Evaluating techniques for exploiting instruction slack


Yau Chin, John Sheu, and David Brooks. 10/11/2004. “Evaluating techniques for exploiting instruction slack.” In Computer Design: VLSI in Computers and Processors, 10/11/2004. ICCD 10/11/2004. Proceedings. IEEE International Conference on, Pp. 375–378. San Jose, CA, USA: IEEE. Publisher's Version


In many workloads, 25% to 50% of instructions have slack allowing them to be delayed without impacting performance. To exploit this slack, processors may implement more power-efficient, longer latency pipelines or provide dynamically scaled pipelines using multiple clock domains. Issuing instructions with slack to slower pipelines can result in substantial power savings, with minimal performance loss. Considering both dynamic and static power dissipation, we found that by using longer latency pipelines the power of functional unit pipelines decreases by 20% to 55% with a performance impact of 0% to 3% for SPEC2000 and MediaBench workloads. Dynamic scaling reduces the performance loss in intense multimedia workloads by up to 2%, but achieves lower power savings.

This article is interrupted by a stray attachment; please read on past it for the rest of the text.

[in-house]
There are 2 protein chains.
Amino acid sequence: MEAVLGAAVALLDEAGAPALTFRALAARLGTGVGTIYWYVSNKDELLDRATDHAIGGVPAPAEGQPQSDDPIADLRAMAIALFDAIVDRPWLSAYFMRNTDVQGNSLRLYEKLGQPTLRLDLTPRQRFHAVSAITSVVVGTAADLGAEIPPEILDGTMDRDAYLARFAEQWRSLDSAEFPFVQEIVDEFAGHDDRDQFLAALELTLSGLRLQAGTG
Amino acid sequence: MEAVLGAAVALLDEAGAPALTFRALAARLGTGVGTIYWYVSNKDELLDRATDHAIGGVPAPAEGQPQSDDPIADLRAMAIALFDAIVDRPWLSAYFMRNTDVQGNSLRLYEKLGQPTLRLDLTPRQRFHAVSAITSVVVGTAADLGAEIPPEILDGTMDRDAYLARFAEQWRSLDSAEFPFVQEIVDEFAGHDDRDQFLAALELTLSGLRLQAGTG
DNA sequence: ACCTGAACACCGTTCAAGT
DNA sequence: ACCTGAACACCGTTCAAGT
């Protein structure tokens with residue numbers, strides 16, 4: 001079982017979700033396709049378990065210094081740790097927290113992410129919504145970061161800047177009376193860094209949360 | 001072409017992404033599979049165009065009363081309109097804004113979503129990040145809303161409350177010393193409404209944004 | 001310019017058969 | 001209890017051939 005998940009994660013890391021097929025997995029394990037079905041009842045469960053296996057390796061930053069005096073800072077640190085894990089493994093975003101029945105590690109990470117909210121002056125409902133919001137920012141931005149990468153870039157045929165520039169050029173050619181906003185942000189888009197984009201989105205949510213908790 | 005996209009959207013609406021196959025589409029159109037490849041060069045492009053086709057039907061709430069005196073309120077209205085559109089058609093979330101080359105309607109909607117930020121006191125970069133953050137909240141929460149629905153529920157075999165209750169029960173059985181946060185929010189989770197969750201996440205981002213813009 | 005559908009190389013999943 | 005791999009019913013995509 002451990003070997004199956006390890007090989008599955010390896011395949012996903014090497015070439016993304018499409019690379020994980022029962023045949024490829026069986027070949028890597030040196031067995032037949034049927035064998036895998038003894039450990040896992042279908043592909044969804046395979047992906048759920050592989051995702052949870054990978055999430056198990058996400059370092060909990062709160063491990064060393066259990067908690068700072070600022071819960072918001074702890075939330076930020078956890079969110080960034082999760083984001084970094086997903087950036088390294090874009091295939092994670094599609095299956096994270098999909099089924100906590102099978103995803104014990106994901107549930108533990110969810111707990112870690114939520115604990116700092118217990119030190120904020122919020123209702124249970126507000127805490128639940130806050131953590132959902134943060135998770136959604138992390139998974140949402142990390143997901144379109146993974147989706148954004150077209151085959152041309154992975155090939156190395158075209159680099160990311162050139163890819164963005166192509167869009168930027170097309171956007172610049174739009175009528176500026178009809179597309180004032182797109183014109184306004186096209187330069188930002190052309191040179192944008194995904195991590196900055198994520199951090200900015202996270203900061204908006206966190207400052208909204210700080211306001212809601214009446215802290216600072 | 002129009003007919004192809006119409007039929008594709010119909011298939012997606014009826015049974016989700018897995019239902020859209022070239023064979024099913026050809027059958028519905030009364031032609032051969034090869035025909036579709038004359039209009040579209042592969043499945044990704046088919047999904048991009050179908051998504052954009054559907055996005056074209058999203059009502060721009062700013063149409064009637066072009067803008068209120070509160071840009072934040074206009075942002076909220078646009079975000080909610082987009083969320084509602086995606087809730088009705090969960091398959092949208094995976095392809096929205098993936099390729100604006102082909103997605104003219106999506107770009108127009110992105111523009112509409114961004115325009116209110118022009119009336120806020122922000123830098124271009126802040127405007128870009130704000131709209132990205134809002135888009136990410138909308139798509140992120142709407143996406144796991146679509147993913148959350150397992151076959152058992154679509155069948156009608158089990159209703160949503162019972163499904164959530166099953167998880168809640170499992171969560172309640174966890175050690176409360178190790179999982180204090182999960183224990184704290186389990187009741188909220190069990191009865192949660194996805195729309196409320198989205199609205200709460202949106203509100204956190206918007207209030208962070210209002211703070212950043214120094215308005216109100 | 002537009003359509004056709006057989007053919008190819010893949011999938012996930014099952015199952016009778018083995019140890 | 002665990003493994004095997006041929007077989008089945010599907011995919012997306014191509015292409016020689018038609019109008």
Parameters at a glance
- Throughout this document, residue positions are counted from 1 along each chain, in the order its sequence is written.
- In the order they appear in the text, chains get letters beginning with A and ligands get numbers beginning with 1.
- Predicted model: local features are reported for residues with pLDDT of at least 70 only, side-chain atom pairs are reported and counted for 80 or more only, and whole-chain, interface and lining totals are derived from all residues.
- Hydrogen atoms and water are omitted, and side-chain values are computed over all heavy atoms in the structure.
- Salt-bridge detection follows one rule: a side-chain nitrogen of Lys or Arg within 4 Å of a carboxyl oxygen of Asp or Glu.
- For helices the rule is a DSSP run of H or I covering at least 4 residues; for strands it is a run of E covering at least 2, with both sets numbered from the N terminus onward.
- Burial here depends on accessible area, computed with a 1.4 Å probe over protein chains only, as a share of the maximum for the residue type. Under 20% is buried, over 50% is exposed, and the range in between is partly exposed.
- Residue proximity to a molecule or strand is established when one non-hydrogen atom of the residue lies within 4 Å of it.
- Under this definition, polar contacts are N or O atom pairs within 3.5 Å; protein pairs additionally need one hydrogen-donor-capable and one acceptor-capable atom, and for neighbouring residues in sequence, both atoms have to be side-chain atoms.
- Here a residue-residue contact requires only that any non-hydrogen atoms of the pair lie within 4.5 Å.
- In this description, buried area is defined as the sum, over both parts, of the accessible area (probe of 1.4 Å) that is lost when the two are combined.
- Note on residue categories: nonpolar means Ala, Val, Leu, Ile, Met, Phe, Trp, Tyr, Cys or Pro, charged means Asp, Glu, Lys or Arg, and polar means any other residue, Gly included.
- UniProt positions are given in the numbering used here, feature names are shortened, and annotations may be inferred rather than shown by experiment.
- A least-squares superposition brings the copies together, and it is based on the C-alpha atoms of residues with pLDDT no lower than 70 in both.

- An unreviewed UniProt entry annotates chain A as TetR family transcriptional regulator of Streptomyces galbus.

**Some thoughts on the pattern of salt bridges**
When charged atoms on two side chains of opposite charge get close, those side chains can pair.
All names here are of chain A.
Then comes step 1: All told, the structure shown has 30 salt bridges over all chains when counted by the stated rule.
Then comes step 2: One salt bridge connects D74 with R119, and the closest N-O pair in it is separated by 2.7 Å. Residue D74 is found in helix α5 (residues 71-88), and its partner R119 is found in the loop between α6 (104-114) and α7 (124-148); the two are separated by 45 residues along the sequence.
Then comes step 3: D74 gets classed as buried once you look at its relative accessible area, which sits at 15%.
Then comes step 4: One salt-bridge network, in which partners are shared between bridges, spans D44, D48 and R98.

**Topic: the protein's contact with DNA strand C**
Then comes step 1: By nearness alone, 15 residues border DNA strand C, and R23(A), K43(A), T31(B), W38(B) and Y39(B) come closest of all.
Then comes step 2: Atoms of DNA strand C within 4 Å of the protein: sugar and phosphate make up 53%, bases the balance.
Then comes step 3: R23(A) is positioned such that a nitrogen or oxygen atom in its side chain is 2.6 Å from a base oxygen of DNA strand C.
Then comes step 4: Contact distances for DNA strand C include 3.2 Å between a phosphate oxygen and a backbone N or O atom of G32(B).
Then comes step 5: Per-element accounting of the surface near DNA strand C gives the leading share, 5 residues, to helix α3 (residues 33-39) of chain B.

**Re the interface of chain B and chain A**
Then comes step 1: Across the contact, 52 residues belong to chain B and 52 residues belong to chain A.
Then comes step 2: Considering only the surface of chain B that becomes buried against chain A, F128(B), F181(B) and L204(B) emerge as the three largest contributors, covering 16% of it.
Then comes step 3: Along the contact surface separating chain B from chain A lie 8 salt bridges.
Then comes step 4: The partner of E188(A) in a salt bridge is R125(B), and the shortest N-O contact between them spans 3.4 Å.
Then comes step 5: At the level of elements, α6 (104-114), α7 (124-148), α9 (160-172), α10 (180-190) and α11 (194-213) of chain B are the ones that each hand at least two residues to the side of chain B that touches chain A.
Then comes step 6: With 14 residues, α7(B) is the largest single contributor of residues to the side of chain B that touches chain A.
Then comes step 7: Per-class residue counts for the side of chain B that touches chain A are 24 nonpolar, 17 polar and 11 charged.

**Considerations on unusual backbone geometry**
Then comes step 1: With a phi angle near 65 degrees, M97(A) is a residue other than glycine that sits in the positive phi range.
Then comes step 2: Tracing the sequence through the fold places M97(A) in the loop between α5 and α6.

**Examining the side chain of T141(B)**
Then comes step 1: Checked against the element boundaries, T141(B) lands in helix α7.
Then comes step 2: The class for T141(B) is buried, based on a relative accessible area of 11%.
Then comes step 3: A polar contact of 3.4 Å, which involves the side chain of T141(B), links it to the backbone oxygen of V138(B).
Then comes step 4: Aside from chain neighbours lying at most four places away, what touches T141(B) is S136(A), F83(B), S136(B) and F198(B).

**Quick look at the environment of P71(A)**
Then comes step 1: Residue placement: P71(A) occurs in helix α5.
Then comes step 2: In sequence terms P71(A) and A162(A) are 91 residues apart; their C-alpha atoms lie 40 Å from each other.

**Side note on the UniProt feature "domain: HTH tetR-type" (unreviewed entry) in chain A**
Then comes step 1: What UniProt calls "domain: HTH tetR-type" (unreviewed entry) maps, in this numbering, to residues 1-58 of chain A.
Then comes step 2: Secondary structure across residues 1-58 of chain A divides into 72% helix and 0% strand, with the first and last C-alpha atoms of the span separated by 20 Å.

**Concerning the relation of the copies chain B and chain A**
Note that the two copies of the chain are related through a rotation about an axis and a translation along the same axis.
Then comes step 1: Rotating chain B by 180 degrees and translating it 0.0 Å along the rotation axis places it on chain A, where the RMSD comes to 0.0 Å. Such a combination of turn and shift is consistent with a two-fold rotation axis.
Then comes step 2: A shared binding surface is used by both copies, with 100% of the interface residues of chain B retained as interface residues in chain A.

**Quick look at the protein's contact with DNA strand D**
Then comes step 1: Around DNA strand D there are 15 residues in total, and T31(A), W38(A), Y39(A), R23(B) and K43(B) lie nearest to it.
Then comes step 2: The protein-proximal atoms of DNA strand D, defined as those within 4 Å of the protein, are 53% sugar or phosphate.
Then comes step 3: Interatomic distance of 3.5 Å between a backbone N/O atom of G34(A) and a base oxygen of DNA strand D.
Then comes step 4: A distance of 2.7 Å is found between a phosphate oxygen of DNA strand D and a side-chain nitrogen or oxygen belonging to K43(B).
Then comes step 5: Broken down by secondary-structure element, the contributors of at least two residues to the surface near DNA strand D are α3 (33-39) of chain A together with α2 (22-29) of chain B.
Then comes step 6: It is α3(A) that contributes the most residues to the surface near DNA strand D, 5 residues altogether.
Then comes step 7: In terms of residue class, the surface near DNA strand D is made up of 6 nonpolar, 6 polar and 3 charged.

Last updated on 05/04/2022